Robin Hoods Bay is a beautiful little fishing village in the North Riding of Yorkshire between Whitby and Ravenscar, the history of the village revolves around fishing and smuggling.
The village has changed very little over the last century, the buildings are on
the outside at least would be recognisable to residents of 100 years ago. Fishing is no longer the main business but the village continues to thrive.
The railway came to the village in 1885 which in turn helped create an expansion to the top of the village known as Mount Pleasant.
The railway closed in 1965 but the village continues to attract people, some to retire some to live and work in the surrounding area and of course tourists who bring in much welcome revenue.
In 1538 there were 50 houses in Baytown as it is locally known, with the growth of the fishing industry the village grew and grew with bigger and better houses being built.
The original main street was King street, in 1780 a large part of the cliff gave way taking with it the top part of the street and two rows of cottages.
In the space of 2 centuries almost 200 dwellings has fallen into the sea.
In 1975 a sea wall was built to prevent any further destruction of the village.
The oldest houses are on what remains of King street with some properties dating back to the early 1600’s.
The town, which consists of a maze of tiny streets, has a tradition of smuggling, and there is reputed to be a network of subterranean passageways linking the houses. During the late 18th century smuggling was rife on the Yorkshire coast. Vessels from the continent brought contraband which was distributed by contacts on land and the operations were financed by syndicates who made profits without the risks taken by the seamen and the villagers. Tea, gin, rum, brandy and tobacco were among the contraband smuggled into Yorkshire from the Netherlands and France to avoid the duty.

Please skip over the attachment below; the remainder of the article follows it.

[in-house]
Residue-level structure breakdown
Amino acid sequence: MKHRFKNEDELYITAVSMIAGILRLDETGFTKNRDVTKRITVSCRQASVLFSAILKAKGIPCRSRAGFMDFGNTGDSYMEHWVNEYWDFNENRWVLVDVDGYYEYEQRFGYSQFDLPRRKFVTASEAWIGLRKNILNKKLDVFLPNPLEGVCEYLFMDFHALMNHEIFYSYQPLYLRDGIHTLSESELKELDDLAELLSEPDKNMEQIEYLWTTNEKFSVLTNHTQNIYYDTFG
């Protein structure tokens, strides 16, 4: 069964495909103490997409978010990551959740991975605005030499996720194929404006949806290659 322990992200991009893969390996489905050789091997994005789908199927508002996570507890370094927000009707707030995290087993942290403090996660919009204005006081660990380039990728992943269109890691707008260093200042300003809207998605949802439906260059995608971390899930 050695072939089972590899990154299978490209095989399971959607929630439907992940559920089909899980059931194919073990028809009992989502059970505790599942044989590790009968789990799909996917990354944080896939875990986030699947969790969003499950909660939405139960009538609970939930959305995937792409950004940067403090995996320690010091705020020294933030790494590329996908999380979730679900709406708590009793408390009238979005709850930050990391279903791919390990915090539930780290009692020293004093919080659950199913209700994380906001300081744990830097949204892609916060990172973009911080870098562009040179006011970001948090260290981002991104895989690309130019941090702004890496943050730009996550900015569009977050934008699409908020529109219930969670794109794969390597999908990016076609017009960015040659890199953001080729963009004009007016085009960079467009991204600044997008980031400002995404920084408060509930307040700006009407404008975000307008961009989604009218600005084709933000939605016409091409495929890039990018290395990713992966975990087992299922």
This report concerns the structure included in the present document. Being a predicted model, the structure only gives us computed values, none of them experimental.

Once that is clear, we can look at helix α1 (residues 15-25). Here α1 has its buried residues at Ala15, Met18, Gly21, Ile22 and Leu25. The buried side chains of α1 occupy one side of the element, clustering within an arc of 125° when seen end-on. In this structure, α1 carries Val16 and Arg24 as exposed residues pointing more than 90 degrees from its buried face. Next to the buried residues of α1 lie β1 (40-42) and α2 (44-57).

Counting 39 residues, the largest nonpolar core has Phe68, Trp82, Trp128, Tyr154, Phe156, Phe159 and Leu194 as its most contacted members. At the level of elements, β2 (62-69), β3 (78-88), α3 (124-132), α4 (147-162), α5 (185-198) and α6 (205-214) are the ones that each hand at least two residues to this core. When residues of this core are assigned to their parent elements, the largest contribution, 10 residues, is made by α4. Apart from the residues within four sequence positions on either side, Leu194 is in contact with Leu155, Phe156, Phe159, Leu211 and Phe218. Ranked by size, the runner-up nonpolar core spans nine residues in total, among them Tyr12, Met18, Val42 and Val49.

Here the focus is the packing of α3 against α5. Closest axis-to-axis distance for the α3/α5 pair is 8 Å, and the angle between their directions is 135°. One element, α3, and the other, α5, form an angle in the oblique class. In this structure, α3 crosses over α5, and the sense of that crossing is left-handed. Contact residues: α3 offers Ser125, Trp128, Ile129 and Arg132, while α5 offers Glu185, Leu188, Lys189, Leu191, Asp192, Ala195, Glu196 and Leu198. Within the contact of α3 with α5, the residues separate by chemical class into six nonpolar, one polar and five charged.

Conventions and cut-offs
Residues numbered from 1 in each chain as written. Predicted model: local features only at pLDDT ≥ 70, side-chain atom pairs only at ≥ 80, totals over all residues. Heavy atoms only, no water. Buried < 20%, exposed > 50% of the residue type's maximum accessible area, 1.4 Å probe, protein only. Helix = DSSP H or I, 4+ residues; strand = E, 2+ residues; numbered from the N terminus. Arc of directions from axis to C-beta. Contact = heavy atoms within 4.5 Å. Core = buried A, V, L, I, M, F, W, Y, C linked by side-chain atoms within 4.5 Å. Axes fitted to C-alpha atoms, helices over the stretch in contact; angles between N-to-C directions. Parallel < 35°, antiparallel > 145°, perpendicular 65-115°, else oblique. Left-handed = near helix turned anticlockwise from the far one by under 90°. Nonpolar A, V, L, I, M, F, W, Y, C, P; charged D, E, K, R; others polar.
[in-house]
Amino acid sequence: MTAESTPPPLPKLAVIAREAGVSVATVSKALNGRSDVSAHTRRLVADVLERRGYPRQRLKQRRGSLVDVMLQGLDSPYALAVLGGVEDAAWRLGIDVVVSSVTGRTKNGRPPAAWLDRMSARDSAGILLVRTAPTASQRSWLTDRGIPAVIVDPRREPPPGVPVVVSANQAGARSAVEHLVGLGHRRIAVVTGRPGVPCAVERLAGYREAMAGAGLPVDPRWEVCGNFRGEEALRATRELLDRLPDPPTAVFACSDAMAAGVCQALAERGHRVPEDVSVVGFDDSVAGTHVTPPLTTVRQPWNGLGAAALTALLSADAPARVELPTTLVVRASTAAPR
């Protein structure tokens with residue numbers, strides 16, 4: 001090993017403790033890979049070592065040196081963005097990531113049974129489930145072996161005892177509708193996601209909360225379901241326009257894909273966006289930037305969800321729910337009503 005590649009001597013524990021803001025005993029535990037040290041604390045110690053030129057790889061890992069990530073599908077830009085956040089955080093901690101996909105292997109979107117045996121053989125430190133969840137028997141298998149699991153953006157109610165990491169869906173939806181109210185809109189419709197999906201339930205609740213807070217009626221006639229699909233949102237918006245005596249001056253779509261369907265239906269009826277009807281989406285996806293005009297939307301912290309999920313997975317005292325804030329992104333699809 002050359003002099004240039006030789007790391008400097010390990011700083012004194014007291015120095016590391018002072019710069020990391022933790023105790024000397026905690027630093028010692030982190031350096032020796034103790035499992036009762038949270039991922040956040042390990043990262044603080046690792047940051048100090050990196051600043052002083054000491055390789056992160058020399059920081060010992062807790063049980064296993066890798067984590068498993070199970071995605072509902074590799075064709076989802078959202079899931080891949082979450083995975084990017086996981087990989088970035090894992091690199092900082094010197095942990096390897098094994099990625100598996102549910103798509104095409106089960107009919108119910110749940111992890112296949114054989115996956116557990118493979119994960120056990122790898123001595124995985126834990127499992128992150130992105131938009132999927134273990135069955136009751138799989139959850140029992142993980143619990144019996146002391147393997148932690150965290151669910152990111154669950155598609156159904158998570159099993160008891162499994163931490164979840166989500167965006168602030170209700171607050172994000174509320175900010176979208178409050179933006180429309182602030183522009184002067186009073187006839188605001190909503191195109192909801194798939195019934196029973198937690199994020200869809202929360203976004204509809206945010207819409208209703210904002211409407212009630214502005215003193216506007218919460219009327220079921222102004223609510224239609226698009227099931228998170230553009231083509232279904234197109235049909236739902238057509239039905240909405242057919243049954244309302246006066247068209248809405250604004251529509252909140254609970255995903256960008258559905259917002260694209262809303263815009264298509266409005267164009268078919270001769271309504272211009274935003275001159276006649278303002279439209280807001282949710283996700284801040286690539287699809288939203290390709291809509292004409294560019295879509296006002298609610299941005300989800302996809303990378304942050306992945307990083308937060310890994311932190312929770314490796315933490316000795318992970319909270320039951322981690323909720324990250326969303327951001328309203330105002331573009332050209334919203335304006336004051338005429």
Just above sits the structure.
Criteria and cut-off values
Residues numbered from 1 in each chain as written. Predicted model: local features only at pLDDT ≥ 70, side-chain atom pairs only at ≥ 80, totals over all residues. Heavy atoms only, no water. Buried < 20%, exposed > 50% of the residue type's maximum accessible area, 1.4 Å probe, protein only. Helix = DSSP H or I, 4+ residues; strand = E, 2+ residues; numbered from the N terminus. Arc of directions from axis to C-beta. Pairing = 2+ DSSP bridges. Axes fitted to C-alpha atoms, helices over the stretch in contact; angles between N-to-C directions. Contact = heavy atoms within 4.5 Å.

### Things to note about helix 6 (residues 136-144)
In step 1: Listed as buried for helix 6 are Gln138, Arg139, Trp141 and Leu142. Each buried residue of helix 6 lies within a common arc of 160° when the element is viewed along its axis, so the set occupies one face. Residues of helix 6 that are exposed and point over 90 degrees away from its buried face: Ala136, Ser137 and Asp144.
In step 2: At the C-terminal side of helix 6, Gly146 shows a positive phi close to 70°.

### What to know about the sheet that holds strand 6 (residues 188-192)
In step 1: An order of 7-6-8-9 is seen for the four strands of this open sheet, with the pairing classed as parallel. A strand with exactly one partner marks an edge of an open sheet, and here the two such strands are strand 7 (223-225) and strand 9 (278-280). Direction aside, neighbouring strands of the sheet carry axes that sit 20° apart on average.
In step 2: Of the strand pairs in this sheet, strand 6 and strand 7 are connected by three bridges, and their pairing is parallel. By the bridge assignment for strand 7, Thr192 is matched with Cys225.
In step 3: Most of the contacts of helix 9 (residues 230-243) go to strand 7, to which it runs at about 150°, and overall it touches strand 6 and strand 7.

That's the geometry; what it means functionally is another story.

In 1773 two excise cutters, the Mermaid and the Eagle, were out gunned and chased out of the bay by three smuggling vessels, a schooner and two shallops. A pitched battle between smugglers and excise men took place in the dock over 200 casks of brandy and geneva (gin) and 15 bags of tea in 1779.
The origin of the name is uncertain, and it is doubtful if Robin Hood was ever in the vicinity. An English ballad and legend tell a story of Robin Hood encountering French pirates who came to pillage the fisherman’s boats and the north-east coast. The pirates surrendered and Robin Hood returned the loot to the poor people in the village that is now called Robin Hood’s Bay.
The RNLI had a Lifeboat based in Robin Hoods Bay from 1881 to 1931 when
it was replaced with a motor lifeboat based at Whitby, the old lifeboat station is now used as a shelter and public toilets.